Speculation: $80 Oil and the Dog that Didnít Bark
August 2, 2006
A year and a half ago, with oil passing the $50 mark, we had a flurry of discussion about $80 oil. Some of us pointed out the potential for oil sands and oil shale to provide replacements for shortfalls in supply. At the time, Alberta oil sand could be used to produce refinery feedstock at something just under $40 per barrel.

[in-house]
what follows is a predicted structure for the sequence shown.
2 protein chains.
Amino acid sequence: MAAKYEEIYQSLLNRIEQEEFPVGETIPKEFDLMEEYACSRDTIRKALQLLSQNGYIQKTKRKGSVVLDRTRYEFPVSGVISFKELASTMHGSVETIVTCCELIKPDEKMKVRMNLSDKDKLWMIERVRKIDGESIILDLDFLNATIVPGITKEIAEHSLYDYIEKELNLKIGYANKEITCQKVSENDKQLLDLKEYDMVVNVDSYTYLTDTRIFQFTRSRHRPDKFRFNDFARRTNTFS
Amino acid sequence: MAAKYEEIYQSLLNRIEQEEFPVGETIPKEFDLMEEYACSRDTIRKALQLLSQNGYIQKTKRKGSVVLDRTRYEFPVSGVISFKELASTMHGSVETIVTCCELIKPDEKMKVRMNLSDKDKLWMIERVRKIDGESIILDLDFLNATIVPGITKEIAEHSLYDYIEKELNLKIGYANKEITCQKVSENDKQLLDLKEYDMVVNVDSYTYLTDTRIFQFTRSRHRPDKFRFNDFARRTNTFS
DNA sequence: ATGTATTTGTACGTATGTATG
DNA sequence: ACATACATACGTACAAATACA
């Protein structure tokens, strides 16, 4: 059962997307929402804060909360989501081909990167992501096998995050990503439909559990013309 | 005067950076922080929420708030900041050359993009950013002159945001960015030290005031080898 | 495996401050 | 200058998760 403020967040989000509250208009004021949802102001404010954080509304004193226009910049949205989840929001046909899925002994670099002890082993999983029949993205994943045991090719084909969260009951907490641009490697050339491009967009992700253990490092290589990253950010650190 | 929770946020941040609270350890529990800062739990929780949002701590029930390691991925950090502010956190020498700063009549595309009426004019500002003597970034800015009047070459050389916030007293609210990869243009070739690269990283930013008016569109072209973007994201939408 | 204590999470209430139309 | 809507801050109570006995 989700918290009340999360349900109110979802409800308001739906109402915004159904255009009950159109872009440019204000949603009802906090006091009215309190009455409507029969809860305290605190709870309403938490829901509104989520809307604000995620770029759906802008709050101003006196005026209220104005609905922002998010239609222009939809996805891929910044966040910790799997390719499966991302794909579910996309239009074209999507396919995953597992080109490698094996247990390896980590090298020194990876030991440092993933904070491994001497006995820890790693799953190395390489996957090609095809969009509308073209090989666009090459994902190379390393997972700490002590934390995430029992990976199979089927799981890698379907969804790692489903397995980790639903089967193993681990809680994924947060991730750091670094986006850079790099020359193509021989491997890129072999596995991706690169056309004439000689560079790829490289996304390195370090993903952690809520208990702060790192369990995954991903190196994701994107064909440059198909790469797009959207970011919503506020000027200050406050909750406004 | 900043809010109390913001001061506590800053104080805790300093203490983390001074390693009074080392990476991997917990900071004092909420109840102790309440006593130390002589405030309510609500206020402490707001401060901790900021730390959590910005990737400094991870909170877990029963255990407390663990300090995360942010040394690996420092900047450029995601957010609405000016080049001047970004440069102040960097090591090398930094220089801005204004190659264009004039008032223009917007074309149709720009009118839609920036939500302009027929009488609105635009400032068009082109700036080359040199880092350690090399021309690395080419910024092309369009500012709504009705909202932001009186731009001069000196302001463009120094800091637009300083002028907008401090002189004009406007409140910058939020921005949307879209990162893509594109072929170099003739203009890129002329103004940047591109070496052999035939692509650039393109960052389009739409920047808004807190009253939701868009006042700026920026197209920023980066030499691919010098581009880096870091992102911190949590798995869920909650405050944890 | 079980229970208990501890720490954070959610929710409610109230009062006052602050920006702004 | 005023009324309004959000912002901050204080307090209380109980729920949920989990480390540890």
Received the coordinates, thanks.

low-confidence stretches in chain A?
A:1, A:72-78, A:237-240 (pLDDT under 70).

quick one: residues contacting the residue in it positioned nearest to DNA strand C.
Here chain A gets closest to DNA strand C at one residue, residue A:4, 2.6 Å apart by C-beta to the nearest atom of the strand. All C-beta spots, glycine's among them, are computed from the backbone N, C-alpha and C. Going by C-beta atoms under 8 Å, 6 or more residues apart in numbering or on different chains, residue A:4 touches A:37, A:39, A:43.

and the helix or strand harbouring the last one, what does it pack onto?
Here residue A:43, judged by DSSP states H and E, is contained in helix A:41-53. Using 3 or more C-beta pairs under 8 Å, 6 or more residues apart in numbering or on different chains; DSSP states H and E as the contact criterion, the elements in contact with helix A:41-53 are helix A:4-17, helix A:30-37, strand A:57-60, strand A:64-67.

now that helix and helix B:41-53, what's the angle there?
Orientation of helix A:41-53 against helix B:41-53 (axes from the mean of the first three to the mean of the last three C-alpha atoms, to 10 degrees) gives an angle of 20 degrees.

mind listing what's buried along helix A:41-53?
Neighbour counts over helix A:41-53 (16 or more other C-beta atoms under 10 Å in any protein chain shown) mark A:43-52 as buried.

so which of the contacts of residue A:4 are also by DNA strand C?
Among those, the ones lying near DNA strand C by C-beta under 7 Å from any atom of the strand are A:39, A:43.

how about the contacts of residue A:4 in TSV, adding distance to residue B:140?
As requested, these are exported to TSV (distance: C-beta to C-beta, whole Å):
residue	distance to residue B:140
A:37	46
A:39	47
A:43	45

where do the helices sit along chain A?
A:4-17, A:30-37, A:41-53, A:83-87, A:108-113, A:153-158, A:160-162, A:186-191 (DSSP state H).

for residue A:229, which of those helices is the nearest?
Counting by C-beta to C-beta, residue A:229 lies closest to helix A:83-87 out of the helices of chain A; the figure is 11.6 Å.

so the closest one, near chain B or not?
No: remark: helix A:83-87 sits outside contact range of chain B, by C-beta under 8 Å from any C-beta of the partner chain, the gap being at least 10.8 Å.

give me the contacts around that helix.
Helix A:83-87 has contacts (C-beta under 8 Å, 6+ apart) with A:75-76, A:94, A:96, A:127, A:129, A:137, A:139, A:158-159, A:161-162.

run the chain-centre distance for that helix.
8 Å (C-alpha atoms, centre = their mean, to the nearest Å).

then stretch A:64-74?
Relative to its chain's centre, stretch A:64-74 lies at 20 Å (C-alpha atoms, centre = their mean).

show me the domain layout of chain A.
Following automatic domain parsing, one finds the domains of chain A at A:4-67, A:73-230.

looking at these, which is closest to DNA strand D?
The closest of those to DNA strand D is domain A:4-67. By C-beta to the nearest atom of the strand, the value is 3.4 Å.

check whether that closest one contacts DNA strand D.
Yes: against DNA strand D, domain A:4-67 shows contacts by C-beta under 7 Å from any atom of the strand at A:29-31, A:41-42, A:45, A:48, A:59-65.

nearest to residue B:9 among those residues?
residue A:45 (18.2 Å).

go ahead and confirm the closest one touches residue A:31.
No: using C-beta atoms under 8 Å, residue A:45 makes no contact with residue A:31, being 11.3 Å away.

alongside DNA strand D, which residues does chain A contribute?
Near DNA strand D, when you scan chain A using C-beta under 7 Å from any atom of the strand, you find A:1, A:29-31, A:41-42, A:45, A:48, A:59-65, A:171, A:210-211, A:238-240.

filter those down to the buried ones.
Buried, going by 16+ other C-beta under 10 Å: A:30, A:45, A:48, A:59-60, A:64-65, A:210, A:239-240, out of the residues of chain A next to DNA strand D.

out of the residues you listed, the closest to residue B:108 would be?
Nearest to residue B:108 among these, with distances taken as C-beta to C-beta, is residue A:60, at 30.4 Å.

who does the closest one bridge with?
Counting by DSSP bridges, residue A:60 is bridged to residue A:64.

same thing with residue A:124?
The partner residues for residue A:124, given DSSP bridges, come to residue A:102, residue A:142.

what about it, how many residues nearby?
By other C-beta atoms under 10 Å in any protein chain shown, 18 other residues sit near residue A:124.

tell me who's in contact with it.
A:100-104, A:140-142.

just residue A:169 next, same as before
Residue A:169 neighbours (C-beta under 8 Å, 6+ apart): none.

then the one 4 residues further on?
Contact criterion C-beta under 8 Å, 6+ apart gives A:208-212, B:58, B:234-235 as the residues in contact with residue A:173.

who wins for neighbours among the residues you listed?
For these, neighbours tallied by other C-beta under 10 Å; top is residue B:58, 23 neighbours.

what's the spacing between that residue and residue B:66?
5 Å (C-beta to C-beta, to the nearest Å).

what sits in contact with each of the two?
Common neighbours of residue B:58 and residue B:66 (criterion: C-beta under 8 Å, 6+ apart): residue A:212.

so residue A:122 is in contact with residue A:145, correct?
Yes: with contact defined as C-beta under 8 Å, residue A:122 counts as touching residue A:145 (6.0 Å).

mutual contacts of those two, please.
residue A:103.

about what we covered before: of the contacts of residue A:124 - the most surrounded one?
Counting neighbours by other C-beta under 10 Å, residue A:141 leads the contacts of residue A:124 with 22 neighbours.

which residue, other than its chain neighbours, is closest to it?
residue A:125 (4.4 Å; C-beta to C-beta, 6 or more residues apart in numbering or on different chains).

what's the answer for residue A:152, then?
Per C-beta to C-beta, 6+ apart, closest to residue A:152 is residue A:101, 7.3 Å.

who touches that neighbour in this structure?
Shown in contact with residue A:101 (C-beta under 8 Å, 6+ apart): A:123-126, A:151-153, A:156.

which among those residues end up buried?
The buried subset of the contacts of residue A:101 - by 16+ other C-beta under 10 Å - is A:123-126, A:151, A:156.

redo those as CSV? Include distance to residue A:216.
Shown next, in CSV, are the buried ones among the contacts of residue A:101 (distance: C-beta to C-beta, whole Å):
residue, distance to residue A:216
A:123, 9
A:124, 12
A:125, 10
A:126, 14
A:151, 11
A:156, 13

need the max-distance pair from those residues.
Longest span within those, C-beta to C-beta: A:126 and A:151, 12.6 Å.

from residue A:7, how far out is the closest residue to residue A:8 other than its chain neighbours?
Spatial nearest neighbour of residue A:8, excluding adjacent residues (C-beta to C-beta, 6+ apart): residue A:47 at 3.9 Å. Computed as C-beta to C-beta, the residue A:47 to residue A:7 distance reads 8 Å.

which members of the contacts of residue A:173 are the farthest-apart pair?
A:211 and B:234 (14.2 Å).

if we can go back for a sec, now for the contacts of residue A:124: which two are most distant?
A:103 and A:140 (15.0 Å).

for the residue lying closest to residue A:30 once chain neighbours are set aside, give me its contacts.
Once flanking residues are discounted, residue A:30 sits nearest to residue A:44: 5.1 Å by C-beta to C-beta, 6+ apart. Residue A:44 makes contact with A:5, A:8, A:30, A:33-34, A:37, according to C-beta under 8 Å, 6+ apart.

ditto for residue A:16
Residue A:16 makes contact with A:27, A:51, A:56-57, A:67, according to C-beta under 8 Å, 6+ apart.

Eighteen months later, oil is flirting with the $80 level, and the production from oil sand hasnít increased to abate the rise. What happened? Why, with a margin of almost 100%, arenít the sand and shale producers pouring it out? Probably because of the risk. Oil price is notoriously sensitive to small changes in supply. New discoveries are in the works. The Caspian Sea field is close to coming on line, and discoveries in Southeast Asia are being made. In addition, given the political climate, itís only a matter of time when the remaining reserves in Alaska will be tapped. If someone stepped up to the multi-billion dollar or euro investment to produce feedstock from the sands, and this oil came on the market, we probably wouldnít have $75 oil any more. We may not anyway. The investors in that big plant might be faced with a lot longer payback period that they would calculate with a $35 per barrel margin. So they havenít. It may take a lot longer and a lot more alarmist cries about depleted oil reserves before this investment is made.